Radio New Zealand - Thursday, 28th August 2014

This page lists items from RNZ that are available online. RNZ didn't start regularly putting both its audio and news content online until 2008. From 2002-2007 written news items (particularly from RNZ International) were placed online. You can access items prior to 2002 on the historic page.

This page features: Afternoons, Birds, Business News, Checkpoint, Dateline Pacific, Late Edition, Midday Report, Morning Report, News in Pacific Languages, News Stories, Nights, Nine To Noon, Our Changing World, Pacific Correspondent, Rural News, Te Manu Korihi, The Panel, The Wireless, Upbeat, William Shakespeare 450, World & Pacific News

Afternoons

Best Song Ever Written - A Banda
Rui Mendel of Rotorua has chosen 'A Banda' by Chico Buarque. [more]

Simon's A-Z
Between the last two census, the permanent population here grew by 14.6 percent. Mind you the total figure is still comparatively small at 8,250 making this territorial authority one least populous in the country, only 3 are smaller. Sixty percent of those residents live in the service town of Carterton and that's where we're headed this afternoon. [more]

Cold case - Scott Bainbridge
Tomorrow in Hamilton a coronial inquest will be held into one of this country's oldest cold cases. Forty-nine years ago, a young baker called Graeme Timlin disappeared from work in Hamilton. He was 19 years old at the time. Five days later, his van was found at Mount Maunganui. No trace of him was found. That was May of 1965. There was a coronial inquest in 1977, which ruled he was presumed dead, but no death certificate was issued. Author Scott Bainbridge investigated Graeme's disappearance for his 2008 book, 'Still Missing'. He said it was the most mysterious case he'd looked into. [more]

Emily's Story - Emily Short
In June, we spoke with a young woman who survived a head-on crash with a drunk driver at Lewis Pass. Her name was Emily Short. She was 11-weeks pregnant at the time, and said her unborn baby was desperately lucky to survive the crash. [more]

Feature Album - Never Too Much
Todays feature album is the 1981 solo album from Luther Vandross. [more]

Birds

Pāngurunguru
Listen to the northern giant petrel. [more]

Business News

Qantas' $A2.8 billion annual loss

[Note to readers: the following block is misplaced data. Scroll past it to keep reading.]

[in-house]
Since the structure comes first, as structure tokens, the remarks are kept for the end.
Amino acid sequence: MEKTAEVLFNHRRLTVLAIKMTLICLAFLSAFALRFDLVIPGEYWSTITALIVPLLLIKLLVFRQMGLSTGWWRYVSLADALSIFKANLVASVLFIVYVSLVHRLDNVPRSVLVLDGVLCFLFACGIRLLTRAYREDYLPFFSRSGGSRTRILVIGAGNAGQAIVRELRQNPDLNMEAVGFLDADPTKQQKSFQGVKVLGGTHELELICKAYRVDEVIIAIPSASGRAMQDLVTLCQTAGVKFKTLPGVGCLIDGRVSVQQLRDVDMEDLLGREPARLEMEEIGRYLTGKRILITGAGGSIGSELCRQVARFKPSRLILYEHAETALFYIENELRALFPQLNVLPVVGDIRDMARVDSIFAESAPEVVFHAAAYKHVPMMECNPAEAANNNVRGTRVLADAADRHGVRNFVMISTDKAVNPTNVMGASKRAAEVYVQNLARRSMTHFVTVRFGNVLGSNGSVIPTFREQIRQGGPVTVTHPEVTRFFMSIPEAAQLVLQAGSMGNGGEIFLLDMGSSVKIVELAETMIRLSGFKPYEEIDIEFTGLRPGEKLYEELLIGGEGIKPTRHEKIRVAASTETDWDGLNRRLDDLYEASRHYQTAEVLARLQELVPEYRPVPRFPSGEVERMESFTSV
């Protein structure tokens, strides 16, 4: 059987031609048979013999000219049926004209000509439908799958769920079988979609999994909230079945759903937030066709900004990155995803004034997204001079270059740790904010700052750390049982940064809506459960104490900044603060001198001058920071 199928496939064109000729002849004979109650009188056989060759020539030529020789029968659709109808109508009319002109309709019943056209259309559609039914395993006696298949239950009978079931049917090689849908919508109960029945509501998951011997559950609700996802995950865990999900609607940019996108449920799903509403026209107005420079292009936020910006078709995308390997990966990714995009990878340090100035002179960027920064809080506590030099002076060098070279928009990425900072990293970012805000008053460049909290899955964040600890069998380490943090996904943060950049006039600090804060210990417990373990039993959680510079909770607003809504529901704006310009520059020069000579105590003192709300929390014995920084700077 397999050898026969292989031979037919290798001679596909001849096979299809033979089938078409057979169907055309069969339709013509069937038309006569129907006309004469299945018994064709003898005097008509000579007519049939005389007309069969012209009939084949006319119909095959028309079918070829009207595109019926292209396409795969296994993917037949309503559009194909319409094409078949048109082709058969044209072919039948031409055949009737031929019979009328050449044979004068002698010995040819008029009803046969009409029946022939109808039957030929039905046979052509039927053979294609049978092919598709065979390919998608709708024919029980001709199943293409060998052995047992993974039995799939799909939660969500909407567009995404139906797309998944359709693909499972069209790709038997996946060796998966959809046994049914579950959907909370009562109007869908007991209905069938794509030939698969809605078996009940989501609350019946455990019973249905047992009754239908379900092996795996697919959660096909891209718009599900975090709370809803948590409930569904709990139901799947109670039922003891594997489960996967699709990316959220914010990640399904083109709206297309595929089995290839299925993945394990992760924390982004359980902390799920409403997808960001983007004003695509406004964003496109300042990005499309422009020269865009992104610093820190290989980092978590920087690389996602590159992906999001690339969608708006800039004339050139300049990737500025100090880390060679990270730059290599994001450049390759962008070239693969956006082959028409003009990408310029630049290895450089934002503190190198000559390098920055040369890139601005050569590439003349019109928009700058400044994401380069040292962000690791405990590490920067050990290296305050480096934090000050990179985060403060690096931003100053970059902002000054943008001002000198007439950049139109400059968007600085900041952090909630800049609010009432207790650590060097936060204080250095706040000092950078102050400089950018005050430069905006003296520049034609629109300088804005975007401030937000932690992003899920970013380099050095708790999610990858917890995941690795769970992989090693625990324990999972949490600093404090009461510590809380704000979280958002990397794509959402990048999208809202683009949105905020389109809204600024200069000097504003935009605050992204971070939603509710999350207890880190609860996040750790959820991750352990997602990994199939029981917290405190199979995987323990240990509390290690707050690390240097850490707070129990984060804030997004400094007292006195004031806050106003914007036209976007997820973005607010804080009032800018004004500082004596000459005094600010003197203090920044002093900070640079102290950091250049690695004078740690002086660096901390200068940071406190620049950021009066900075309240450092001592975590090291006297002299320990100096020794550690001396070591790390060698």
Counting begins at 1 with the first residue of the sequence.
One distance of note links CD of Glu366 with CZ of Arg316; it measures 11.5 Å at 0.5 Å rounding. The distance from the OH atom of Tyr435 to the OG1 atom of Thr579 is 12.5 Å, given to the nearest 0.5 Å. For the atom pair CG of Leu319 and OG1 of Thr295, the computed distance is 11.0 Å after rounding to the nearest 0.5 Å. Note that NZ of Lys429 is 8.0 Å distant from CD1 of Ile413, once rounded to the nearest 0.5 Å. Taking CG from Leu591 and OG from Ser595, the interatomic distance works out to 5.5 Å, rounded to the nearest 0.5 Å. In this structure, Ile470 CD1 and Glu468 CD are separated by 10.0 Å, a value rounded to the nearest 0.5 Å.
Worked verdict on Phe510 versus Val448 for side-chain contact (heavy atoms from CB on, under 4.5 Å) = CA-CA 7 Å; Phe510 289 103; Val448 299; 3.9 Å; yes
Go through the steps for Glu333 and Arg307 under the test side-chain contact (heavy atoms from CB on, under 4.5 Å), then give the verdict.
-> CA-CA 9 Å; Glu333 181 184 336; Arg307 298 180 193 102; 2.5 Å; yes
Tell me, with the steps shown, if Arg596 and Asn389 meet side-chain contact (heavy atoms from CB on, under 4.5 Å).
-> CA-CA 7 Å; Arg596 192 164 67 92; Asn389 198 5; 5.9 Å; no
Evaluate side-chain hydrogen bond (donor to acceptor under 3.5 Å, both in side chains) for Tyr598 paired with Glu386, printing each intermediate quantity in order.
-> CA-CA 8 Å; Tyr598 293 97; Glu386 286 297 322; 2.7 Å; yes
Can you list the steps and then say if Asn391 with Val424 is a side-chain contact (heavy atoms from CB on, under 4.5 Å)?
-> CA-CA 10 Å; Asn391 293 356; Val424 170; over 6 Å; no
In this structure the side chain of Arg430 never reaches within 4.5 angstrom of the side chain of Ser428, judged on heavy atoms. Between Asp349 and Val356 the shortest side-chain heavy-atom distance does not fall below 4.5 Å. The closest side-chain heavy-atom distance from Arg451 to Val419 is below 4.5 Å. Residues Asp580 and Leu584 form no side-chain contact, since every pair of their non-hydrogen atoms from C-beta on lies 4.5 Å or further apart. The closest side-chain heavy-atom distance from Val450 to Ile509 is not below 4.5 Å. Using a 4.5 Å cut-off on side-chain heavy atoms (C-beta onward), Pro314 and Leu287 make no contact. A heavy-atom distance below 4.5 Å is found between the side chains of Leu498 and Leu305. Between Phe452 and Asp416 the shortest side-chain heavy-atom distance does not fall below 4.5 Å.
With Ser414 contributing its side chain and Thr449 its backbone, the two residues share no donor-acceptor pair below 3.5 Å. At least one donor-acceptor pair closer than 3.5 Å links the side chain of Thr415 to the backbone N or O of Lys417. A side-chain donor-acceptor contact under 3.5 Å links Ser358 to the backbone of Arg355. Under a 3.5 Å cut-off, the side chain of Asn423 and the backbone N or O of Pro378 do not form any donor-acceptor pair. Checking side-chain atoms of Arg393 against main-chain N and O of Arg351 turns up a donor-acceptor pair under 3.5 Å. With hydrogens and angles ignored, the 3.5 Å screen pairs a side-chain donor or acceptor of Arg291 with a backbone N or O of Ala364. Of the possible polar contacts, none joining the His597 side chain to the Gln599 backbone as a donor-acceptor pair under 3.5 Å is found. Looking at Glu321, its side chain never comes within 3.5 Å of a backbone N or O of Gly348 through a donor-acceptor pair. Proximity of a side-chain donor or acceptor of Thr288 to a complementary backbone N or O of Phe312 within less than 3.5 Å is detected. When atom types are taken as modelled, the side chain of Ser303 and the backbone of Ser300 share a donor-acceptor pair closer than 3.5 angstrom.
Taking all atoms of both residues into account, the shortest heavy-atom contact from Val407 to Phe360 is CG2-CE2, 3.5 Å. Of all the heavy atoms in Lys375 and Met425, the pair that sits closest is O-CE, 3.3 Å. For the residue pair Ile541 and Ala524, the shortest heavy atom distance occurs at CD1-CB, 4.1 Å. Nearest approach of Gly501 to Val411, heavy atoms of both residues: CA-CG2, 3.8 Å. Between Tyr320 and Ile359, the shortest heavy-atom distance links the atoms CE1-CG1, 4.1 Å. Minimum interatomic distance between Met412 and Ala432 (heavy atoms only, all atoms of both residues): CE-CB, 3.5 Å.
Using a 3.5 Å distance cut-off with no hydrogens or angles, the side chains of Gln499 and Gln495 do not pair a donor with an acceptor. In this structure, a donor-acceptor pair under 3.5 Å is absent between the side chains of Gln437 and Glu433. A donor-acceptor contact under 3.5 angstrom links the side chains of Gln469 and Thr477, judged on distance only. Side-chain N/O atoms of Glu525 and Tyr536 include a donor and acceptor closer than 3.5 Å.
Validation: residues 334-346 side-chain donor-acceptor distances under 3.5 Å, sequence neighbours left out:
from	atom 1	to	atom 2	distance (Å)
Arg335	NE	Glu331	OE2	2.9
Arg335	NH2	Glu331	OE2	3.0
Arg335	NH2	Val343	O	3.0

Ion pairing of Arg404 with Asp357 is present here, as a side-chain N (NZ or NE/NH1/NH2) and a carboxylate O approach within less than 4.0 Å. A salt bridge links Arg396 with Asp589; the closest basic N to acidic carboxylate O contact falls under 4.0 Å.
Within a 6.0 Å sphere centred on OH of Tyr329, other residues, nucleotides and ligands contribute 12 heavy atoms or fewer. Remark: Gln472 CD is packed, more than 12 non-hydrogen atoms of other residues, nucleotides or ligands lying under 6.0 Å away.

Australia's national carrier has produced a horror 2.8-billion-dollar annual loss, nearly three times the red ink the market had expected. [more]

Airwork turns in profit of almost $10 million
Airwork has reported an annual net profit of 9.8 million dollars, 17 per cent ahead of its prospectus forecast. [more]

A2 Milk reports $10,000 profit against $110 mln in revenue
Specialty milk producer, A2 Milk, has reported an annual net profit of just 10-thousand dollars, despite revenue earnings of 111-million dollars. [more]

Air New Zealand's cargo operations a weak spot
One of the weak spots in Air New Zealand's otherwise very strong profit performance, was its cargo results. [more]

Midday Markets for 28 August 2014
For the latest from the markets we're joined by Angus Marks at First NZ Capital. [more]

Today's market update
The New Zealand dollar bounced around today, rising to a high of 84 US cents on the back of some strong economic data out of Australia. [more]

Today's market update
The New Zealand dollar bounced around today, rising to a high of 84 US cents on the back of some strong economic data out of Australia. [more]

Morning markets for 29 August 2014
Wall Street is down after Ukraine said Russia moved more troops into the country. [more]

Qantas promises a return to profit but hedges its bets
Qantas is promising a return to underlying profit in the current six months, but even it says this is subject to factors beyond its control. [more]

Aviation engineer Airwork branches out to US and Africa
The aviation servicing firm, Airwork, is expanding into the United States and African markets. [more]

Hellaby posts a $1.1m annual loss after footwear write-downs
Hellaby Holdings has posted a 1.1 million dollar annual net loss, reflecting the previously flagged decision to write off all the 27 million dollars of goodwill in its shoe retailers. [more]

A2 Milk's strategic direction satisfies market
A2 Milk's annual financial result was less than the market was hoping for, but its share price was steady after the company briefed analysts on its strategic direction. [more]

Markets Update for 29 August 2014
A brief update of movements in the financial sector. [more]

Checkpoint

Checkpoint Top Stories for Thursday 28 August 2014